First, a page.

income tax. With all that going on in the background, quite sensibly the authorities have decided to use some of the resources that we’ve built up in the contingency fund to tide us over for the first two or three years. Once we see the scale of the problem, we’ll decide whether to bring in a sales tax or how else to solve the problem. We’re just giving ourselves time.’

Ernst & Young partner Peter Franks notes that the reform will have little direct impact on funds, which currently pay a tax exemption fee of just £600, However, he says: ‘Talking of moving tax rates down to 10 per cent for banks and zero per cent for other companies is obviously an encouraging sign, and should attract further businesses to the island.’

Says Jehan: ‘The government has taken time to consider various options, and we hope that not only whatever regime comes out of that is competitive, but that our black hole will be relatively smaller than those in other jurisdictions. Maybe we can tag on some growth that will avoid the need for additional taxes, like a general sales tax. ‘There has been some uncertainty about what Guernsey will choose, and Jersey and the Isle of Man have come up with their proposals a lot earlier. But I think what we will have in place will have been well thought out and will give us a good basis for being competitive against those jurisdictions.’ Robin Fuller, managing director of HSBC Securities Services (Guernsey), argues that another aspect of the planned reform – a cap on the maximum tax liability – will help. He says: ‘We hope ‘tax capping’ will go some way toward attracting intellectual capital to the island in the form of the teams brought over to run local managers such as FRM.’

Niven says the industry and authorities were keen to get the tax reforms finalised before embarking on a sustained effort to lure further hedge fund managers to Guernsey. He says: ‘The package will go to parliament in late May or June, and once that has been agreed, the time will be right to use it as a springboard marketing ourselves to fund managers and start the process of attracting them over to the island.’ Apart from Financial Risk Management, local financial services professional Peter de Putron has launched De Putron Fund Management, Dexion Asset Management has also set up an operation on the island to take advantage of the attractive tax regime, and Niven says another management operation, BBFA, has just been set up.  Says Franks: ‘We are already seeing a lot more interest from fund managers in domiciling in Guernsey. In particular, people are concerned about the UK tax authorities’ focus on whether businesses are being run out of the UK or in an offshore location, and are trying to have more substance in the offshore location.’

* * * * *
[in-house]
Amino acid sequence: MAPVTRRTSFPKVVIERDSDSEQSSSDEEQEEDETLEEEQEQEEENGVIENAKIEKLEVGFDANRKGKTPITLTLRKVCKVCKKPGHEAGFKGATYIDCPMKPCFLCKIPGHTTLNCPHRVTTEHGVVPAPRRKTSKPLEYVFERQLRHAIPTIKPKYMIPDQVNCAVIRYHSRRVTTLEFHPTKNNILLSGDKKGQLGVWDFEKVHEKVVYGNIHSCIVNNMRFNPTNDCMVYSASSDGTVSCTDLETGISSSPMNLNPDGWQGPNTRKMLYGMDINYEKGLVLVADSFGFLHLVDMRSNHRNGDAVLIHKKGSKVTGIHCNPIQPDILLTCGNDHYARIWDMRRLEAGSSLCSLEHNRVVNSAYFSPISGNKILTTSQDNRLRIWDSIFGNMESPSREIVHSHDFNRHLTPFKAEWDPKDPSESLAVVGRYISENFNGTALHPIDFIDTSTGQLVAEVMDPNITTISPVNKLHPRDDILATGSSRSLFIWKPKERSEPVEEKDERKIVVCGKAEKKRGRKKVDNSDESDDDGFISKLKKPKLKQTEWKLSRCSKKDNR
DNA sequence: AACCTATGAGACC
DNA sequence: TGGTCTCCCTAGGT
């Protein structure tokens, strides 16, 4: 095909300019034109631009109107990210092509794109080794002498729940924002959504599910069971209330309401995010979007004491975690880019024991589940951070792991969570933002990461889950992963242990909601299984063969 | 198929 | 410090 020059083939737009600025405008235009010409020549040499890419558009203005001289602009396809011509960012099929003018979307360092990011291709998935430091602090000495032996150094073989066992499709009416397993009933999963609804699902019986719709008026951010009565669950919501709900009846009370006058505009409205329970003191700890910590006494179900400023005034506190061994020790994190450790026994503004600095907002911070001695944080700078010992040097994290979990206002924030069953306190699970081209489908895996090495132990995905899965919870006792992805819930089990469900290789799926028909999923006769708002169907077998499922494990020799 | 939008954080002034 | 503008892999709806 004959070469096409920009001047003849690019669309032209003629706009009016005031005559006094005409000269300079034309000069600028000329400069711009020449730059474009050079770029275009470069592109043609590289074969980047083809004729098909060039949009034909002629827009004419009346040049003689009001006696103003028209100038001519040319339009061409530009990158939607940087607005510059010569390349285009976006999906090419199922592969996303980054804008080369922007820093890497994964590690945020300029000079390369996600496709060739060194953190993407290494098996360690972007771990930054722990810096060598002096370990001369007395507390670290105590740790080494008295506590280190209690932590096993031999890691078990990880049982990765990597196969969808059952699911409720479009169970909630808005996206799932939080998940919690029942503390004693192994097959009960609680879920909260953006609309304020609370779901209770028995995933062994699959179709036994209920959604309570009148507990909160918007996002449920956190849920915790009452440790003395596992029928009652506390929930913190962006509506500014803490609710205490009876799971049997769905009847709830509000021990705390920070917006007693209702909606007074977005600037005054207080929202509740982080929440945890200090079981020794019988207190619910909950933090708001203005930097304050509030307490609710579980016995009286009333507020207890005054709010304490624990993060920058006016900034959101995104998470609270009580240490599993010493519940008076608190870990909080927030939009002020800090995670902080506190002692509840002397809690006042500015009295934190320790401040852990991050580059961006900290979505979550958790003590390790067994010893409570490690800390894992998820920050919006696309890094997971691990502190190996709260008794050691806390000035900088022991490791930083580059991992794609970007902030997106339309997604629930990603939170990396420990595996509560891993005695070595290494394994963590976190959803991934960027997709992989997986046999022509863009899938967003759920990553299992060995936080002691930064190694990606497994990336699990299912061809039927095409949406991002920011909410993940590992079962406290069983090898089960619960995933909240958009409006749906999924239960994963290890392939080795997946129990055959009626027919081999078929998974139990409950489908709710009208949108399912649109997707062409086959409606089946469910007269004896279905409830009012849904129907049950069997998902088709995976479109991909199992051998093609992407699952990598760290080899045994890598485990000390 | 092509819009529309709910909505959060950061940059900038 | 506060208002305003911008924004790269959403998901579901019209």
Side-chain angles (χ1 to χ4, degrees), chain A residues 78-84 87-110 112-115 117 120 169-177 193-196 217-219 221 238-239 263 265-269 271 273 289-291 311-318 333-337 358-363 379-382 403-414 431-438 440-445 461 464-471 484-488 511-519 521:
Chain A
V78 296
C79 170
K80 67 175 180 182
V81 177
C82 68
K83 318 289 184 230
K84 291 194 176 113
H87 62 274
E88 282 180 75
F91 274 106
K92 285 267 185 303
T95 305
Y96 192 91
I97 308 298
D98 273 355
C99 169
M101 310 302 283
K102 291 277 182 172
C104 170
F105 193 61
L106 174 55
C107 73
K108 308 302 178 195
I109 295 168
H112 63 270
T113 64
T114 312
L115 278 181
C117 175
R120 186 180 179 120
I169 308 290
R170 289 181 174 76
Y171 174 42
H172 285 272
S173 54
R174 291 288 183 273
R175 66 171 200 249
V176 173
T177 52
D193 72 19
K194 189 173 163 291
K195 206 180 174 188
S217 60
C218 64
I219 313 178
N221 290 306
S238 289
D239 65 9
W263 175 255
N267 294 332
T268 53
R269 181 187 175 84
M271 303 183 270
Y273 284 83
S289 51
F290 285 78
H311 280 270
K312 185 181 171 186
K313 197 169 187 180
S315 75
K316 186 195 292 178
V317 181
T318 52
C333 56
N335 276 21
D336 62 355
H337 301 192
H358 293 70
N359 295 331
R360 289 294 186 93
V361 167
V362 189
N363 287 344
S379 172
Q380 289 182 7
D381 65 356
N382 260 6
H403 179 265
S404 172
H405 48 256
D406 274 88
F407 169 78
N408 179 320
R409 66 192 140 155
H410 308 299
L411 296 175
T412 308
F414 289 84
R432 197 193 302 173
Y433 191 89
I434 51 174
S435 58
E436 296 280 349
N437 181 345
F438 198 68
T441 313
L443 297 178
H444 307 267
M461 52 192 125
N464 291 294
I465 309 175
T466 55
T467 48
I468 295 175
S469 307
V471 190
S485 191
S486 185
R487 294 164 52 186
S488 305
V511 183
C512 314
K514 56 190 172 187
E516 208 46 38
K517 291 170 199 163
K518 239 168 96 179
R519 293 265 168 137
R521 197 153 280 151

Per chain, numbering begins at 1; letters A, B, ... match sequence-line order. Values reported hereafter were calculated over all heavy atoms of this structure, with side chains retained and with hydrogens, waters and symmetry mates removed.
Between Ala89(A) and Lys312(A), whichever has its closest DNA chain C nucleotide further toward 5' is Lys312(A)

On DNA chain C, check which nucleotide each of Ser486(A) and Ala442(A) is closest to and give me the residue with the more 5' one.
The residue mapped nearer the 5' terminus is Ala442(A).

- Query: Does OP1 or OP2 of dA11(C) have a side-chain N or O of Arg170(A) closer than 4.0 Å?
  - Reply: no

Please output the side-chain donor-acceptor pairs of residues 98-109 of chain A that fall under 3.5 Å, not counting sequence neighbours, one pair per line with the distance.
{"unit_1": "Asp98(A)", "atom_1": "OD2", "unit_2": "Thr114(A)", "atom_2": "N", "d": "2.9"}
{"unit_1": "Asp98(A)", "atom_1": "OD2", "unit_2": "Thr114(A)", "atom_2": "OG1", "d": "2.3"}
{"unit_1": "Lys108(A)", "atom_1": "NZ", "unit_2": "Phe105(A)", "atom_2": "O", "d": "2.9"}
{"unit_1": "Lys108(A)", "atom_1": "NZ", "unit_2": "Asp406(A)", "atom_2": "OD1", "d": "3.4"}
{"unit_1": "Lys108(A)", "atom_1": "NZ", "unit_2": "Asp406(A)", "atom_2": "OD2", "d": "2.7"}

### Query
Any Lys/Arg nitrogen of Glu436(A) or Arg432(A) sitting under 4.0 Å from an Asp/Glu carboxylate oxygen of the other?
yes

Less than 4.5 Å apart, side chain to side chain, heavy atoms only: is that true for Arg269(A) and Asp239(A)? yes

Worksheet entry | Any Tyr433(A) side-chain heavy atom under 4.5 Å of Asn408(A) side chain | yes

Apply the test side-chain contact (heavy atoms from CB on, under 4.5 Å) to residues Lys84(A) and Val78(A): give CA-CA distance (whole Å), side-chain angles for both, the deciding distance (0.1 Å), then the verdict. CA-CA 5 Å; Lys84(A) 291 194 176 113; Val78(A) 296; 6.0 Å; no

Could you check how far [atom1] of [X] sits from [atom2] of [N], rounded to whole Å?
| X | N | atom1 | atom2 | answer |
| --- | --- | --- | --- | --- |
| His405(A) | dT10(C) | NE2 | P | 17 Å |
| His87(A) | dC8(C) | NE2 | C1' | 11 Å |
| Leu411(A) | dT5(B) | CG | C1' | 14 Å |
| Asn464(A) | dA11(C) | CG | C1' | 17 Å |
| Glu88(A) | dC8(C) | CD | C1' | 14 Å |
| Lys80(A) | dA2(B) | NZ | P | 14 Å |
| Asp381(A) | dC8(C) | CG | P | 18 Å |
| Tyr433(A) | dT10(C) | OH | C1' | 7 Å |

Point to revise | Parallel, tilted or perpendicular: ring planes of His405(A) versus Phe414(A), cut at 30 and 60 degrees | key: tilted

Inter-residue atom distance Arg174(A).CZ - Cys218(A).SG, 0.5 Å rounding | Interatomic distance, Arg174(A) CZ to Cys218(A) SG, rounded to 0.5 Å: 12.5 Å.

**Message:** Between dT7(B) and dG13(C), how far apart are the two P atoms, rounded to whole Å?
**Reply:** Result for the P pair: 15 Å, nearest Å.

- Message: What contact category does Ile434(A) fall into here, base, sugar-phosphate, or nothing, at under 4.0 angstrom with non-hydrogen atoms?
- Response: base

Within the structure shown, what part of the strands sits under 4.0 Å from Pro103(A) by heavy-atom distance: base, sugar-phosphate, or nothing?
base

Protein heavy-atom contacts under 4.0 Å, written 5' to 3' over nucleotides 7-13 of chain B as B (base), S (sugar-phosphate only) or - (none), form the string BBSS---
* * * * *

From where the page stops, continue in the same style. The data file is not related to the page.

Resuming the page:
Attracting hedge fund managers is just one of the areas in which Guernsey and Jersey find themselves in competition, but members of the industry take pains to point out that the rivalry is far from cut-throat. Says Niven: ‘Yes, we are in competition with Jersey, but we shouldn’t get too worked up about it. They may be looking at the same opportunities, but there is plenty of business out there for both of us.’

Jehan argues that while the Channel Islands are relatively similar jurisdictions, Guernsey moved toward the alternative sector much earlier while Jersey remained a retail funds centre. ‘Only very recently, with the Expert Funds regime, has Jersey tried to move into this market – with some success,’ he says. ‘In the alternatives sector, they’ve done very well in property funds, and hedge funds are doing reasonably well, although unlike in Guernsey the private equity industry is very small.’

Says Franks: ‘It’s very hard to differentiate yourselves, and these days it has to be on quality of service rather than the legal framework. We’re all quick at catching up with each other when something new is introduced in another jurisdiction, so we have to differentiate ourselves on having the right people to do the job.’

Firth argues that the two centres are as much complementary as competitive. ‘You have the Channel Islands Stock Exchange which serves both islands, accountancy practices that cover both Jersey and Guernsey, and a number of the administrators have Jersey operations as well.’

What both islands are trying to do is convince hedge fund promoters and managers that there are alternatives to domiciling funds in the Cayman Islands, home to probably as many as half of all the world’s hedge funds and certainly the dominant jurisdiction for offshore vehicles. Says Jehan: ‘Traditionally the hedge fund route has been Cayman domicile and Dublin administration, but Guernsey has started to get in on that act by servicing Cayman or BVI vehicles. It’s still a relatively small piece of the market, and going forward I think we’d
still want to focus on domiciling funds locally.

‘The hedge fund industry is becoming more institutionalised, with much bigger investors who have very different demands from the kind of investors who were in the industry to start with. Big US pension funds will not want to invest in something they can’t do proper due diligence on. ‘Corporate governance is one particular area where we have something to offer. Guernsey funds don’t have any strict requirements under the regulations to follow any particular corporate governance code, but listed hedge funds tend to put in place a regime incorporating some aspects of the  UK Combined Code, such as an audit committee and independent directors, but without the requirement to follow the strict UK rules to the letter.’

Jehan believes that greater marketing efforts can help Guernsey can increase its share of the funds market. ‘Lawyers in London choose Cayman because it’s easier and they’ve done it hundreds of times. But if the investors turn round and say they don’t want Cayman, where do you go? Guernsey needs to develop its presence and shout a bit louder in order to be heard. I don’t think it’s ever going to be a Cayman, but it could be a lot bigger than it is now.’

GuernseyFinance is doing its best to achieve this through regular promotional trips abroad and events such as its annual funds conference in London. Says Niven: ‘What we’re trying to do, especially through the funds conference in September, is widen our net and put the idea into promoters’ minds that Guernsey provides them with opportunities.

‘A lot of this business comes from the personal relationships that the our fund industry has with promoters, particularly in London. We’re only a stone’s throw away – you can virtually do all your business in a day, visit the regulator, see accountants, lawyers and administrators, and once the fund is set up, hold a board meeting with local Guernsey non-executives. Once people try us, they’ll like the way we do business, and decide to do more.’